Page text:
John Dickson Carr
John Dickson Carr (1906-1977) was an American writer of crime novels, referred to by some as the king of the locked room or impossible mystery story. He wrote under a number of names, including Carter Dickson. The best place to start or get a flavour of whether you like John Dickson Carr’s writing might be the short story, “The House in Goblin Wood”, which dates from 1947 and was recommended on Five Books by Golden Age mystery specialist Martin Edwards.
Books by John Dickson Carr
Interviews where books by John Dickson Carr were recommended
The Detective Stories of Edgar Allan Poe: Three Tales Featuring C. Auguste Dupin
by Edgar Allan Poe
The Mystery of the Yellow Room
by Gaston Leroux
The Third Bullet and Other Stories
by John Dickson Carr
Hercule Poirot's Christmas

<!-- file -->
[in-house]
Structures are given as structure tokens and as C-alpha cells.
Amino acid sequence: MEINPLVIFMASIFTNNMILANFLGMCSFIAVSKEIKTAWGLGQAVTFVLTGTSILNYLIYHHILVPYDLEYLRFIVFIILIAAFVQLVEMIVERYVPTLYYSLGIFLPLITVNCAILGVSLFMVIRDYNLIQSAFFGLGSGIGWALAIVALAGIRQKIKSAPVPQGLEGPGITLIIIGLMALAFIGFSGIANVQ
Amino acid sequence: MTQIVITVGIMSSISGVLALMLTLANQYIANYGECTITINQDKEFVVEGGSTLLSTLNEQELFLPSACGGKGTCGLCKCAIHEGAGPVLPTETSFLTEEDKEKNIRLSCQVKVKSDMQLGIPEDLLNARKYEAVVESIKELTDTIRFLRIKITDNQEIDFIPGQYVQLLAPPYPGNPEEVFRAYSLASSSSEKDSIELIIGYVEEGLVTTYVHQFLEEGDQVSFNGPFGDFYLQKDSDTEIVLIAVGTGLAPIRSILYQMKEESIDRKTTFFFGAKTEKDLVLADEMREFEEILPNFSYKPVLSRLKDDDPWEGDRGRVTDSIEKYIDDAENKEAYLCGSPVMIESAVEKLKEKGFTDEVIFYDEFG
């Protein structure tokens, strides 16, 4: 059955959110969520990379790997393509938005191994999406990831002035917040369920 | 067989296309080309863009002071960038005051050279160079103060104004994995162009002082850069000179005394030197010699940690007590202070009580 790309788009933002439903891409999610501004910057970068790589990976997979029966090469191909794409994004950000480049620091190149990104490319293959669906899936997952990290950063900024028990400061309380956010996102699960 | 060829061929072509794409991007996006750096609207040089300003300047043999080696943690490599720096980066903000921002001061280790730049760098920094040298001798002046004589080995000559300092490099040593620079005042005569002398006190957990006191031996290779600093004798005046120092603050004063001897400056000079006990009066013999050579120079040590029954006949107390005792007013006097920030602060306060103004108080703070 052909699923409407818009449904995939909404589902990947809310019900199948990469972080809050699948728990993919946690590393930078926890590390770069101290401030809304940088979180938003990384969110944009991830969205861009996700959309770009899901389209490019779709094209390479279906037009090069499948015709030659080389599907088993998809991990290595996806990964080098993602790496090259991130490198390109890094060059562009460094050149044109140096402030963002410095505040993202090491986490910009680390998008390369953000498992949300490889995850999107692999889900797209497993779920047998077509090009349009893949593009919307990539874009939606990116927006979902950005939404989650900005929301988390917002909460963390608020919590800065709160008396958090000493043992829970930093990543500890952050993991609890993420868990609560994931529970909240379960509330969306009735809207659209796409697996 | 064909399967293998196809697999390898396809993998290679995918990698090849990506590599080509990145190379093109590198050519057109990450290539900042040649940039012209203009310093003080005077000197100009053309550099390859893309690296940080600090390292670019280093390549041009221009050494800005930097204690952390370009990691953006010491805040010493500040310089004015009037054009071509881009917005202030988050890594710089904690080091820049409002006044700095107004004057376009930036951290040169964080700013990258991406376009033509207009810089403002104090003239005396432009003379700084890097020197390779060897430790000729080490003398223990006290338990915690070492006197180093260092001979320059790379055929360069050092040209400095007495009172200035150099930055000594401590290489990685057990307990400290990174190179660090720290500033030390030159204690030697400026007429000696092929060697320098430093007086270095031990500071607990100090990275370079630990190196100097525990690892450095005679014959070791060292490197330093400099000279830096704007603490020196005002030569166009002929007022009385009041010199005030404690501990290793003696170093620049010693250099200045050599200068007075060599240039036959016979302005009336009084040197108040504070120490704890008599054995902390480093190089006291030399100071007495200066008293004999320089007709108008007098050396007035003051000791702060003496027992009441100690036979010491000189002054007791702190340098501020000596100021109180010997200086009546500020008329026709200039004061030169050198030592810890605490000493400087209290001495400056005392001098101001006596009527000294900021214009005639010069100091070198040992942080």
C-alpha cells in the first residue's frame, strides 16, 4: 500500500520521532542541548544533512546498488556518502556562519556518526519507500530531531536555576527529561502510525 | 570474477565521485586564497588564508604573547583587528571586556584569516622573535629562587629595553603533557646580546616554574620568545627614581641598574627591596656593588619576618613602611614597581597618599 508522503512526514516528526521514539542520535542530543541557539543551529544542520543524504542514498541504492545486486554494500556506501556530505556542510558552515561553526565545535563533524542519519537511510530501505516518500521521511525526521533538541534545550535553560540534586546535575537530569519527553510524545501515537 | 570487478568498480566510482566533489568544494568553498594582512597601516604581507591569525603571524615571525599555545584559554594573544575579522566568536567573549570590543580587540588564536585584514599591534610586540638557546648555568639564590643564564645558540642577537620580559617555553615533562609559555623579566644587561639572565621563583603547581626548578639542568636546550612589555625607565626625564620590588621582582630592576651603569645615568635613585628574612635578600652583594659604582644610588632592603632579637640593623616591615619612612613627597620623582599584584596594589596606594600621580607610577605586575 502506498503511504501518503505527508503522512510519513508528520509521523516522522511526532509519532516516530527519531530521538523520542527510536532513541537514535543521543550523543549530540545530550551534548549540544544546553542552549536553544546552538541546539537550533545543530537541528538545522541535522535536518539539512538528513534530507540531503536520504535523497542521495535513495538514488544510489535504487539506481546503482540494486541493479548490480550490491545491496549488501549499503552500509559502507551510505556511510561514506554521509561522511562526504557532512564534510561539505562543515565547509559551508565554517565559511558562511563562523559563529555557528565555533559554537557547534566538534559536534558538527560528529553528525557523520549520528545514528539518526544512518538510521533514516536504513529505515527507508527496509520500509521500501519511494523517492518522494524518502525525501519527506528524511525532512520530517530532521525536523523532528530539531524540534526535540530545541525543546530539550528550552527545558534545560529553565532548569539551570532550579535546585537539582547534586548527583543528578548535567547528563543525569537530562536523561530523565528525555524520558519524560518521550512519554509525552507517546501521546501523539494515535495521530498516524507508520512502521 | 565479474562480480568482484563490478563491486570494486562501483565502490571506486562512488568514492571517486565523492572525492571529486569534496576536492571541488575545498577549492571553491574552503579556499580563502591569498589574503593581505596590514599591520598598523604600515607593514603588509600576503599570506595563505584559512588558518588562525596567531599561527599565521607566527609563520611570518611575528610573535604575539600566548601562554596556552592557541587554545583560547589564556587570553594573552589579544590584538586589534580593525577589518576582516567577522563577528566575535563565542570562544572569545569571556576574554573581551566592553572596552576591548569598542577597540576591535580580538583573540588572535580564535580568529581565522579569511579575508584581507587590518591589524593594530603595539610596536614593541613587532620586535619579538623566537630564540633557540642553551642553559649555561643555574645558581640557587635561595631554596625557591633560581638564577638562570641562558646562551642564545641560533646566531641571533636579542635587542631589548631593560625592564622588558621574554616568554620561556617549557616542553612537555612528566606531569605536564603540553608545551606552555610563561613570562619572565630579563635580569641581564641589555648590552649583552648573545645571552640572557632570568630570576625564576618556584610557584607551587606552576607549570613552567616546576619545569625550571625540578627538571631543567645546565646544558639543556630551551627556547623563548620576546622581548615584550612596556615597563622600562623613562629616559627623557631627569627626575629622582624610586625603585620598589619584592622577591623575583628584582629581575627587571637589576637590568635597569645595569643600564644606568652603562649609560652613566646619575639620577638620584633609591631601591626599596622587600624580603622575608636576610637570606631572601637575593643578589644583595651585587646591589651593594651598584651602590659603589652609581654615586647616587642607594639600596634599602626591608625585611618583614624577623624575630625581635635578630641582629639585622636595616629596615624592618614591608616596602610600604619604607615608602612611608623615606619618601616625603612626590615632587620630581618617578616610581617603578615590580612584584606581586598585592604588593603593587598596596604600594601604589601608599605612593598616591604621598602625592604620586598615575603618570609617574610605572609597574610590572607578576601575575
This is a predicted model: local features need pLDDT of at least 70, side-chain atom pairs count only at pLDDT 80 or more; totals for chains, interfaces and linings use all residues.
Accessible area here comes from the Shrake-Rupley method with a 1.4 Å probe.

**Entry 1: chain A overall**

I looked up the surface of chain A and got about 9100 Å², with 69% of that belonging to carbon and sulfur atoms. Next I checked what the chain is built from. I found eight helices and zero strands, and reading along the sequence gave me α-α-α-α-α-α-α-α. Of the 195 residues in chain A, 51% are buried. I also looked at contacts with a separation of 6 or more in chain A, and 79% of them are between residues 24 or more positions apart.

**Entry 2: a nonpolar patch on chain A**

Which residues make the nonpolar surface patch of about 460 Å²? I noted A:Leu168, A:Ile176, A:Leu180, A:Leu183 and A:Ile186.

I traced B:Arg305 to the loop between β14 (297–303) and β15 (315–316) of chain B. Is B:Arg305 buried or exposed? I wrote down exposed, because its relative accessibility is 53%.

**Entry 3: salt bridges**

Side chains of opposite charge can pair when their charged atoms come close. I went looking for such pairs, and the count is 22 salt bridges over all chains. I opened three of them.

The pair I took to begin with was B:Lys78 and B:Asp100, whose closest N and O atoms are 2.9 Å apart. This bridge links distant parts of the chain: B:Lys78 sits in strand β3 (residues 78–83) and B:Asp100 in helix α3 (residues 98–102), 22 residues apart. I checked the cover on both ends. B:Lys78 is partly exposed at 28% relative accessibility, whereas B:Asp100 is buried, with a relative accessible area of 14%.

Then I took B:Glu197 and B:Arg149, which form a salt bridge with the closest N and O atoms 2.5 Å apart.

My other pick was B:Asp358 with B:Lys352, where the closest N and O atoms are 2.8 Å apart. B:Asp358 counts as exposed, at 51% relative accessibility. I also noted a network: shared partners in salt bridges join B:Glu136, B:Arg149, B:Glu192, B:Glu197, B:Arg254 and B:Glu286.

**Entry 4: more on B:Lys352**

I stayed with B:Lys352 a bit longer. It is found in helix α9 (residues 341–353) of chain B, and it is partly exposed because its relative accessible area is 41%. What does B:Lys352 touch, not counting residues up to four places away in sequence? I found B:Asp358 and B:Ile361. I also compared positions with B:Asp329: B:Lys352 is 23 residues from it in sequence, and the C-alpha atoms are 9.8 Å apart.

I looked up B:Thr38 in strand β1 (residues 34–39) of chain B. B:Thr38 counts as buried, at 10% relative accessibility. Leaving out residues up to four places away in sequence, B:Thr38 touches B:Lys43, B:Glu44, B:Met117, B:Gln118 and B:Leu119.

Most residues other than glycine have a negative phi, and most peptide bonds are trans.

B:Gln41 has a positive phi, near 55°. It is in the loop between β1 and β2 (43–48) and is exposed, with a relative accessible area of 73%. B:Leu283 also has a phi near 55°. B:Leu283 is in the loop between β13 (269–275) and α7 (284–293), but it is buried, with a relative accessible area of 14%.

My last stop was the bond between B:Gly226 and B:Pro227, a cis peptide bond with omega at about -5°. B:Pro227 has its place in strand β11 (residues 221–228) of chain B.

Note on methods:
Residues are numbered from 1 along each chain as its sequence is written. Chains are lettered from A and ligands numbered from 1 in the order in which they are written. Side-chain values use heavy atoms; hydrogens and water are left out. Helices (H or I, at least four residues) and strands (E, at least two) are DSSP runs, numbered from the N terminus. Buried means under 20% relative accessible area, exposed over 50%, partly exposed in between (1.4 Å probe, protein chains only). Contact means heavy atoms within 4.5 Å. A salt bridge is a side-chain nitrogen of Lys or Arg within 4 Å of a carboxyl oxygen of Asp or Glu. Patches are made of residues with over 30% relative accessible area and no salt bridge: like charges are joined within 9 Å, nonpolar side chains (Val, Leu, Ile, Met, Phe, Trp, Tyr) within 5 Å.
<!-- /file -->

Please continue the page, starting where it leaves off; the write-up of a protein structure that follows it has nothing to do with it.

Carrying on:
by Agatha Christie
The Tokyo Zodiac Murders
by Ross and Shika Mackenzie (translators) & Soji Shimada
Partly as a response to the horrors of World War I, the 1920s and 30s saw a surge in the writing of whodunnits, a period often referred to as the ‘golden age’ of mystery writing. Here, Martin Edwards, one of the leading experts on the genre, picks out some key works, with a special focus on ‘locked room’ mysteries.
In the Golden Age of mystery between the two World Wars, writers loved to devise fiendish plots where seemingly impossible crimes were committed. Tom Mead, author of two ‘locked-room’ mysteries set in the 1930s, introduces us to some of his favourite books in the genre, from the Golden Age itself to books written in more recent decades that pay tribute to its traditions.